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Issue #210, 8 pages longer than the usual at 72, features fiction from Jayme Lynn Blaschke, Rachel Swirsky, Stephen Francis Murphy, David Ira Cleary, Tim Lees and Tim Akers.
Non Fiction in this issue includes a guest editorial from author Geoff Ryman, '25 IZ' - which continues the celebrations of Interzone's 25 years, with contributions from Bruce Sterling, Dominic Green, Ken MacLeod, Brian Stableford, Terry Pratchett, Paul McAuley, Adam Roberts, Edward Morris, Ellen Datlow, Sarah Ash, Mercurio D. Rivera (current readers' poll
winner) and Douglas Sirois - '25 Film', continuing the series looking at the last 25 years of other media, this time with IZ film reviewer Nick Lowe choosing his top ten SF and fantasy films.
There are two feature interviews: with Steph Swainston and Stephen Baxter, as well as book reviews, including John Clute's regular 'Scores' column, a new series - Podzone, with Rev-Up Review podcaster Paul S. Jenkins on short stories for your iPOD, SF & F podcasts - Nick Lowe's regular 'Mutant Popcorn' film review column and David Langford's 'Ansible Link' news and gossip column.
Cover art and fiction illustrations in this issue are by Douglas Sirois, who is also profiled and interviewed (with more artworks from his portfolio). Doug also writes a brief introduction to each story detailing his thought and work processes, how he approached that particular assignment.
And finally, the main feature in this issue is 'Abiding With Sturgeon: Mistral in the Bijou', Harlan Ellison's, 10,000-word, revealing, funny and deeply moving tribute to Theodore Sturgeon, in which Ellison writes of his friendship with Sturgeon and their time together.
Gillispie, who became a hot basketball commodity by leading startling revivals of programs at UTEP and Texas A&M this decade, is thought to be keenly interested in the Kentucky job. It's widely assumed that unlike Donovan, he would not need to be persuaded to come to UK. For one thing, he's an avid horseracing fan who regularly attends the Kentucky Derby.
Barnhart sought permission from Texas A&M Athletics Director Bill Byrne at 8 tonight to speak to Gillispie. After granting permission, Byrne issued a statement.
"Coach Gillispie is one of the top coaches in the country and we certainly do not want to lose him," Byrne said. "At the same time, we do not want to stand in the way of any member of my department who wants to explore another option if he or she feels that's in their best interest."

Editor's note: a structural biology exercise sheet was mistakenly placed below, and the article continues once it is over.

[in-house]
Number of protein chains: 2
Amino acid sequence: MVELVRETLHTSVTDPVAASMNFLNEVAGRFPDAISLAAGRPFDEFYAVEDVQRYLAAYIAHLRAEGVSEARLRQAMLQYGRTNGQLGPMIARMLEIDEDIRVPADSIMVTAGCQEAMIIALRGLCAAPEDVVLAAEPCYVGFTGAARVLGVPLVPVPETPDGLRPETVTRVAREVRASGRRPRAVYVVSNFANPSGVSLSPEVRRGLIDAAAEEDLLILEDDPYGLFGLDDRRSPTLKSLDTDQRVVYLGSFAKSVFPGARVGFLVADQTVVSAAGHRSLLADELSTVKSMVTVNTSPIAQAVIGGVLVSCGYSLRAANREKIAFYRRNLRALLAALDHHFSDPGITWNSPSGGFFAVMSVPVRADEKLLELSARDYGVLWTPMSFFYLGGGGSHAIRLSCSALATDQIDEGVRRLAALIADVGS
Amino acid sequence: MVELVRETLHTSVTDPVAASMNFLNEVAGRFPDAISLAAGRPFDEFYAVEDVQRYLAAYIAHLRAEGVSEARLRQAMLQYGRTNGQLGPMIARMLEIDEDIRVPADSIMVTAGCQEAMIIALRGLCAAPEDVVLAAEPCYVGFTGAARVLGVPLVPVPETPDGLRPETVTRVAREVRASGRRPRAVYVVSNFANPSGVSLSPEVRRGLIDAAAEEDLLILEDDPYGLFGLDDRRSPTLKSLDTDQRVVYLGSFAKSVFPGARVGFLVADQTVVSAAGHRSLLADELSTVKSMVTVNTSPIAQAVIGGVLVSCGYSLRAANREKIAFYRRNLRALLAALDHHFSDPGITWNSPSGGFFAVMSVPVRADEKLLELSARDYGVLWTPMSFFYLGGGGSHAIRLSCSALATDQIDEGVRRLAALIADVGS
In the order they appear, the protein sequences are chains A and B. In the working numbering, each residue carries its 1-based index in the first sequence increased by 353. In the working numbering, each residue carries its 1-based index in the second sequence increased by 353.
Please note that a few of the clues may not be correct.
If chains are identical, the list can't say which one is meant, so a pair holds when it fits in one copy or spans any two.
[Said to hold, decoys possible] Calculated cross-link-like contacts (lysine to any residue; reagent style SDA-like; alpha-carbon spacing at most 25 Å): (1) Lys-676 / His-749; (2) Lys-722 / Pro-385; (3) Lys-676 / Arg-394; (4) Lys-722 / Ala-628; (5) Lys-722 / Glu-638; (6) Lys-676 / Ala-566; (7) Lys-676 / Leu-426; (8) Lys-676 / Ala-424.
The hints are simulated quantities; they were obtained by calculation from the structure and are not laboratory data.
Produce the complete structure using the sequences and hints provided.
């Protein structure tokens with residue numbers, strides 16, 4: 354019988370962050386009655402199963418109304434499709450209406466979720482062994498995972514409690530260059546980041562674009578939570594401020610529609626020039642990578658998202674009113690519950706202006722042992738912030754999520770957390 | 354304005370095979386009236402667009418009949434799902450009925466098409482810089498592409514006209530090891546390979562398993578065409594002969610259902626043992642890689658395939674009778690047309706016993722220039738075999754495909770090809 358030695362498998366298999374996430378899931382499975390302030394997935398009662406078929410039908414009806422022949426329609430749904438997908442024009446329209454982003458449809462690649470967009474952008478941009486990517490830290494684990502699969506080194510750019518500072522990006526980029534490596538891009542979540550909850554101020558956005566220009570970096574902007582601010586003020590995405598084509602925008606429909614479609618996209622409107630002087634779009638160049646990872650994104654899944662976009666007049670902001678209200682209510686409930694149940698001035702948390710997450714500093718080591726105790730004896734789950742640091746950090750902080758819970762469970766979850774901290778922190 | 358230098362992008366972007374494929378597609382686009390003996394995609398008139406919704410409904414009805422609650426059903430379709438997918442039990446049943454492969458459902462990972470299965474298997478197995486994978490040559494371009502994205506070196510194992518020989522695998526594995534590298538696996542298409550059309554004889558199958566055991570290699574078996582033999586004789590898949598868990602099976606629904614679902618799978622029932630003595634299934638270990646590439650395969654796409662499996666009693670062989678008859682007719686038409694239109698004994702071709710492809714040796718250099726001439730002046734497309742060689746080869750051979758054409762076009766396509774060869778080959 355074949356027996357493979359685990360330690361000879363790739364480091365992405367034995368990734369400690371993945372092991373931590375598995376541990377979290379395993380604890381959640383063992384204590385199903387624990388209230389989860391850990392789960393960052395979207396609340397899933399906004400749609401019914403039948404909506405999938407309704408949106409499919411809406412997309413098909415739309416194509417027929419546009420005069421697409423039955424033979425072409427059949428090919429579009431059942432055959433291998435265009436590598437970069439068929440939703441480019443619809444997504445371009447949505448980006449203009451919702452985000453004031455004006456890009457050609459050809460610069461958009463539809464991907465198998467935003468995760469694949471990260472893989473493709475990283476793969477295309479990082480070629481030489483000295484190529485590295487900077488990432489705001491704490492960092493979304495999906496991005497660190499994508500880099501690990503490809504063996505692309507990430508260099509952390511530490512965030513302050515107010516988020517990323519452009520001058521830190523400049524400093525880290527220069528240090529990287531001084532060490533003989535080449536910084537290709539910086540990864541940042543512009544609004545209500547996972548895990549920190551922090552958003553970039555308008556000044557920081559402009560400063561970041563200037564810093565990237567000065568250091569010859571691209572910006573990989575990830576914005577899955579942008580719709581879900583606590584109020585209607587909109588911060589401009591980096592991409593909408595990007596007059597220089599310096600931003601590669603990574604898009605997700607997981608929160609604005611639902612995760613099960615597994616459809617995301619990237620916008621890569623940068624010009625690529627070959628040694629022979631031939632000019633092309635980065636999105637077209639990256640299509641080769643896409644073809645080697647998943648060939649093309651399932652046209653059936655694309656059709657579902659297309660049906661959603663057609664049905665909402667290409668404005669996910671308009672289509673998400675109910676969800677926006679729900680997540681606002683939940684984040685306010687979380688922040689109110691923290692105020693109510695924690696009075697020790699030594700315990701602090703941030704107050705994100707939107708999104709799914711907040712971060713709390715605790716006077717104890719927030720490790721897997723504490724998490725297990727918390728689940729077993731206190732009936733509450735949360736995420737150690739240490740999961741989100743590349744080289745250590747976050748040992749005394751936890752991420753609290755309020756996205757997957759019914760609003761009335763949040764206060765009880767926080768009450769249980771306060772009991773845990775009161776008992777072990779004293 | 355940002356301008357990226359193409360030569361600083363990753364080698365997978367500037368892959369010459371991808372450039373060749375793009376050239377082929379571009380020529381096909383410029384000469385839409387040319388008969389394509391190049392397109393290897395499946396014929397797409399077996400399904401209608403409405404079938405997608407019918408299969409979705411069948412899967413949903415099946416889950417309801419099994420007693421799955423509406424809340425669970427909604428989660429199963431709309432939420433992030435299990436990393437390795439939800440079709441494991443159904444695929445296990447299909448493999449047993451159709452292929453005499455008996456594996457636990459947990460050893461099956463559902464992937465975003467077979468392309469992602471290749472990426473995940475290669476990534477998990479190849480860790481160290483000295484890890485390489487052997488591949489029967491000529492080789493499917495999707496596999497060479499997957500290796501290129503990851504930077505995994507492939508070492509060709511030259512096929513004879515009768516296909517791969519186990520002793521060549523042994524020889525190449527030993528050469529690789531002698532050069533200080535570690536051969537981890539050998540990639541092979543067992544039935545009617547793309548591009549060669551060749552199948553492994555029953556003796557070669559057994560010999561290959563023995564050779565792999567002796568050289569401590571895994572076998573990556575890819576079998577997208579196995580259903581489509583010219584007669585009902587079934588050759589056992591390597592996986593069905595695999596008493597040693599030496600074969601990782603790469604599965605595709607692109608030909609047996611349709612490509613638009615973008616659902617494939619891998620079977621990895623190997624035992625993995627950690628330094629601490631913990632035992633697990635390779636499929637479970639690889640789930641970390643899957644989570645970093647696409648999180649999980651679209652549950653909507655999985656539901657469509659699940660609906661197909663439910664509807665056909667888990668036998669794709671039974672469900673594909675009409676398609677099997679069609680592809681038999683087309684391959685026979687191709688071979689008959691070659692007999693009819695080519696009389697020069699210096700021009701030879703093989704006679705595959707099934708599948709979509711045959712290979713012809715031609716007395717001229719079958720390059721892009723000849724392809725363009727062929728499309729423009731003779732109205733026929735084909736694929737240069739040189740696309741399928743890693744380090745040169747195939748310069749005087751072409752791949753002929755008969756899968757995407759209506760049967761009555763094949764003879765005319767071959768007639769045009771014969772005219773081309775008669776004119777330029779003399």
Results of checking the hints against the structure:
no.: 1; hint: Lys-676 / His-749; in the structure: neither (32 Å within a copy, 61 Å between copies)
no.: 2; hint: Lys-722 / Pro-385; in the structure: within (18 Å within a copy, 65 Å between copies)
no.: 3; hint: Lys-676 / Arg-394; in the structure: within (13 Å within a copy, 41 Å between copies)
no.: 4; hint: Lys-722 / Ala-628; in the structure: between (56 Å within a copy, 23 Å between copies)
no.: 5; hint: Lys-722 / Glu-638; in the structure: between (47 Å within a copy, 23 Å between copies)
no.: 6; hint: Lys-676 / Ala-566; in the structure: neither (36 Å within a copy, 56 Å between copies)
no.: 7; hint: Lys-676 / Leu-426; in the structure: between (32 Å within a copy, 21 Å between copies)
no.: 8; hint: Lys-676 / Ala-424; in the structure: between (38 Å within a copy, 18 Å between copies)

1) Short fiction will no longer count toward Active Membership. Short fiction is a dying art, kept on life support by dying markets. SFWA should no longer encourage writers to pursue this dead-end form out of misplaced nostalgia, instead encouraging writers to pursue more viable forms. Short fiction sales will continue to count toward Affiliate Membership and requalification.
2) Active Members must sell a minimum of three (3) pieces of short fiction or one (1) novel to professional publishers in the preceding five-year period to maintain active status. If a member fails to meet this modest requirement, their membership will be downgraded to non-voting Affiliate Membership.
3) All online publication of fiction, be it via established webzines, blogs, podcasts, vidcasts or other downloadable forms will be considered "professional sales" as long as they have a payment option available. Online publication IS the future, and SFWA must take a leadership role rather than continue to hold it at arm's length.
4) The Nebula Awards Weekend will permanently rotate between New York City and Los Angeles. These are the United States' two largest media centers, and SFWA does itself little good by holding the annual ceremonies in such publicity backwaters as Santa Fe, New Mexico and Austin, Texas.
5) All short fiction categories will be eliminated from the Nebula Awards ballot (see proposal 1), replaced by awards for Best Podcast, Best Blog, Best Webzine and Best Vidcast (see proposal 3). Additionally, SFWA will also name a "Member of the Year" (not a Nebula) at the ceremonies, recognizing one of the rank-and-file who make the organization what it is.
6) Works will become eligible for the Nebula Award at time of payment. Publication is nice, but payment is what keep writers from eating dog food.
7) The Nebula Awards bizarre "rolling eligibility" will be eliminated. Instead, works remain eligible in perpetuity, which benefits writers who a) publish mainly via the small press before landing mass-market distribution and b) writers who only gain popularity late in their career, or posthumously. Once a work receives sufficient nominations to make the preliminary ballot, or enough votes to reach the final ballot--provided it doesn't win the award--the totals are reset to zero and the nomination process begins again. I call this the "Philip K. Dick" clause.
8) There will be a five-year moratorium on all bylaws amendment proposals. These contentious events are divisive to the membership, which has demonstrated aggressive apathy toward them in recent years. Imposing a moratorium will allow lingering ill feelings to subside and allow the president and board of directors to manage the organization without the specter of rules changes every six months.
9) The president will serve a five-year term, with the board of directors serving staggered four-year terms. Elected officers may not seek reelection, but may serve non-consecutive terms. The greatest obstacle preventing SFWA from reaching its full potential is the lack of continuity inherent in single-year presidential terms, with presidents leaving office before initiatives come to fruition. With this simple change, SFWA's presidential administration focus can change from short-term and reactive to one of long-term strategy. In the event of officer maleficence, said offender may be removed from the held position by a simple two-thirds majority vote of all Active Membership.